If you can’t do the time, don’t do the crime. “Oh, that’ll never happen” says every idiot who’s ever signed an absolutely horrible agreement.

    How many horrible car deals and finance agreements do we read about here all the time? Yeah. I don’t exist to be an airbag for people who stumble through life actively making stupid decisions.

    There’s a HUGE difference between “fallen on bad times” and “I made a stupid decision”. The former, I give a fish to. The latter, I might help him help himself out of it–but I won’t give him the fish.

    • 0 avatar
      NoID

      I can’t tell if this is Jonathan Swift level sarcasm or serious.

    • 0 avatar

      There’s a fine line between fallen on bad times and made a stupid decision in this country.

      The vast majority of Americans are undereducated and essentially illiterate. A great deal of whom to no fault of their own. When presented with agreements that are made to be as attractive as possible on their face and as predatory as possible in their details, they simply don’t have the skills to make a good decision. That’s why we have consumer protection agencies, etc… Or at least we did before we started the latest round of wealth aggregation via deregulation. In the end, you and I pay for it, we might as well educate people well and have some regulation around just heartily you can screw someone over.

      • 0 avatar
        jalop1991

        @ziprage: “The vast majority of Americans are undereducated and essentially illiterate.”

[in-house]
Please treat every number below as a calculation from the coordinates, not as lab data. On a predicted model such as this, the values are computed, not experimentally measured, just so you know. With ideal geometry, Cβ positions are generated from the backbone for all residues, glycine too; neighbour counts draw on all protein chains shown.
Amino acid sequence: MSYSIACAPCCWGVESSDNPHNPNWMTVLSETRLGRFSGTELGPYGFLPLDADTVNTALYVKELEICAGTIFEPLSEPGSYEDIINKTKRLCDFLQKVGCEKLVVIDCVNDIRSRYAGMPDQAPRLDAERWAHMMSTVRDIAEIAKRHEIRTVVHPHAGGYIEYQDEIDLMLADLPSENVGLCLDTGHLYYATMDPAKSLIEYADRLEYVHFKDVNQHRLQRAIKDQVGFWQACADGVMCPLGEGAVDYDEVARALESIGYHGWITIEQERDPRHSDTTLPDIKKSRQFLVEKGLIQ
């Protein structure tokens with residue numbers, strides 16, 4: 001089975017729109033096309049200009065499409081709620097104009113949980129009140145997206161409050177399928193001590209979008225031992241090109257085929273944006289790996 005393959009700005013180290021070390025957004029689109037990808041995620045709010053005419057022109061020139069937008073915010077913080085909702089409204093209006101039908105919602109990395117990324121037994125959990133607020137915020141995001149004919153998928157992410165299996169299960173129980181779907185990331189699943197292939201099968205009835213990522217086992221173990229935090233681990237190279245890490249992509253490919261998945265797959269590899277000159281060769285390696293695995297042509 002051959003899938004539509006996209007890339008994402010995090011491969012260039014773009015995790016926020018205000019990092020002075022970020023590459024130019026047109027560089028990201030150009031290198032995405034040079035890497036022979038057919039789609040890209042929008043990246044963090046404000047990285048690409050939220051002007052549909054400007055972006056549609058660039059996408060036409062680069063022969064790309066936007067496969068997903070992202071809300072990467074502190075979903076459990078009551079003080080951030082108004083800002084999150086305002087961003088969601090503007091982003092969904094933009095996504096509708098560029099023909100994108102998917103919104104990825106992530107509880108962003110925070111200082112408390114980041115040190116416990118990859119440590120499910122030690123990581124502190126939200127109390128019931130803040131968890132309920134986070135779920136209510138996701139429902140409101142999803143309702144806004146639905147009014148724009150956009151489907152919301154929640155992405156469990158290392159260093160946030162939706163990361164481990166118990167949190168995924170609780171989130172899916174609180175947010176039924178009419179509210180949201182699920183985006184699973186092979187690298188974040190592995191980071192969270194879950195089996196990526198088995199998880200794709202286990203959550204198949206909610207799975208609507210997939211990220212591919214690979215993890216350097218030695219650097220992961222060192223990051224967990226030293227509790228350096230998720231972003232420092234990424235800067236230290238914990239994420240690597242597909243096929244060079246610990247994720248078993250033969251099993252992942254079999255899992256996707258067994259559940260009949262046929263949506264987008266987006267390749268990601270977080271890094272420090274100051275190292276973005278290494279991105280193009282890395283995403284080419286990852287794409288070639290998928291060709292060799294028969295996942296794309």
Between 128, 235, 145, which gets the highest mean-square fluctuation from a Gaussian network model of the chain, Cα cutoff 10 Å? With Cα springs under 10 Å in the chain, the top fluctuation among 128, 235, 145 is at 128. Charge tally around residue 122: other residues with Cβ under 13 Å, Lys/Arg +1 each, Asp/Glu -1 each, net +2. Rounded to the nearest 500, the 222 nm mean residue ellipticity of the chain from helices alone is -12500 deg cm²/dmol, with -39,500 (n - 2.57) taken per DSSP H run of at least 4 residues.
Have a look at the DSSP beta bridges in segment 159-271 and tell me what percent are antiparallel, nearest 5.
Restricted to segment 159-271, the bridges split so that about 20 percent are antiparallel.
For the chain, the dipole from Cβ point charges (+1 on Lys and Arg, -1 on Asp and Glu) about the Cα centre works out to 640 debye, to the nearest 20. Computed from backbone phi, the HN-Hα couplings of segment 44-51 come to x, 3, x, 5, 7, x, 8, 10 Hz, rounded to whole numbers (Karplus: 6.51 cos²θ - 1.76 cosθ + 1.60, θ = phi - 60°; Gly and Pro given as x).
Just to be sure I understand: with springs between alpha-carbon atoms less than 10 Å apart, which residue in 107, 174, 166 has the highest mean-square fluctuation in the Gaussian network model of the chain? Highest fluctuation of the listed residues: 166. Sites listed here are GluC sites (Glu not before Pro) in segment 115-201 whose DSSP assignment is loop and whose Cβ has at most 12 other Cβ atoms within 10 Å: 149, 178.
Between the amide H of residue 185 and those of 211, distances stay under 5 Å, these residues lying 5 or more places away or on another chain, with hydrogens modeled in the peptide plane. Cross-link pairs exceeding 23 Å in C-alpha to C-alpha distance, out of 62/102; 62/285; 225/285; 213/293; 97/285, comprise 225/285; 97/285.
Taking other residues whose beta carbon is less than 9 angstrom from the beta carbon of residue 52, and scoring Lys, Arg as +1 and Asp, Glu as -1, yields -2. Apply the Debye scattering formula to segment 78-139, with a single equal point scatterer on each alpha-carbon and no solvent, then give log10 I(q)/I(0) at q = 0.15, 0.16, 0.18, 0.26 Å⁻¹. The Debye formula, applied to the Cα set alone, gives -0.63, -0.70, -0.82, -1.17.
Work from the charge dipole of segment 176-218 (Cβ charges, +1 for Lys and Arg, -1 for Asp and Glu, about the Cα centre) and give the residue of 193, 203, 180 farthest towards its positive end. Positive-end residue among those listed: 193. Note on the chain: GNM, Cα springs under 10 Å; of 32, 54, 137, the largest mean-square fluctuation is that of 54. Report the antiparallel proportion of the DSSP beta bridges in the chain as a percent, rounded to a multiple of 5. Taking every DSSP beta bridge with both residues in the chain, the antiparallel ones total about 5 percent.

I won’t dispute that. What I *will* dispute is that it is up to me to accommodate that.

        It’s a big world out there, full of opportunity. You can sit there slobbering, like Jabba the Hutt, or you can go out and grab some of it. No, you don’t start at the top. And that’s the problem with entitlement–people think they can go to work and get what it takes years, and lots of hard work, to earn.

        People also expect that they should NEVER have any setbacks, ever. That no bad things or hurdles should ever appear in their way. If those bad things happen, the entitled ones just drop where they are and expect the world to move the hurdle for them.

        “When presented with agreements that are made to be as attractive as possible on their face and as predatory as possible in their details, they simply don’t have the skills to make a good decision.”

        It starts with the simple acknowledgement that the world is NOT a fair place, and if there’s any question, the other guy IS trying to screw you over.

        Yes, it’s hard to read the contract. I’m sure he knows someone who could have sat with him and they could have understood it together. Or come up with questions. It’s not rocket science.

        • 0 avatar

          This is almost entirely on its face false. Meritocracy is a great American myth. People far smarter than I have collected the data and proven so (a great read:https://www.theatlantic.com/magazine/archive/2018/06/the-birth-of-a-new-american-aristocracy/559130/).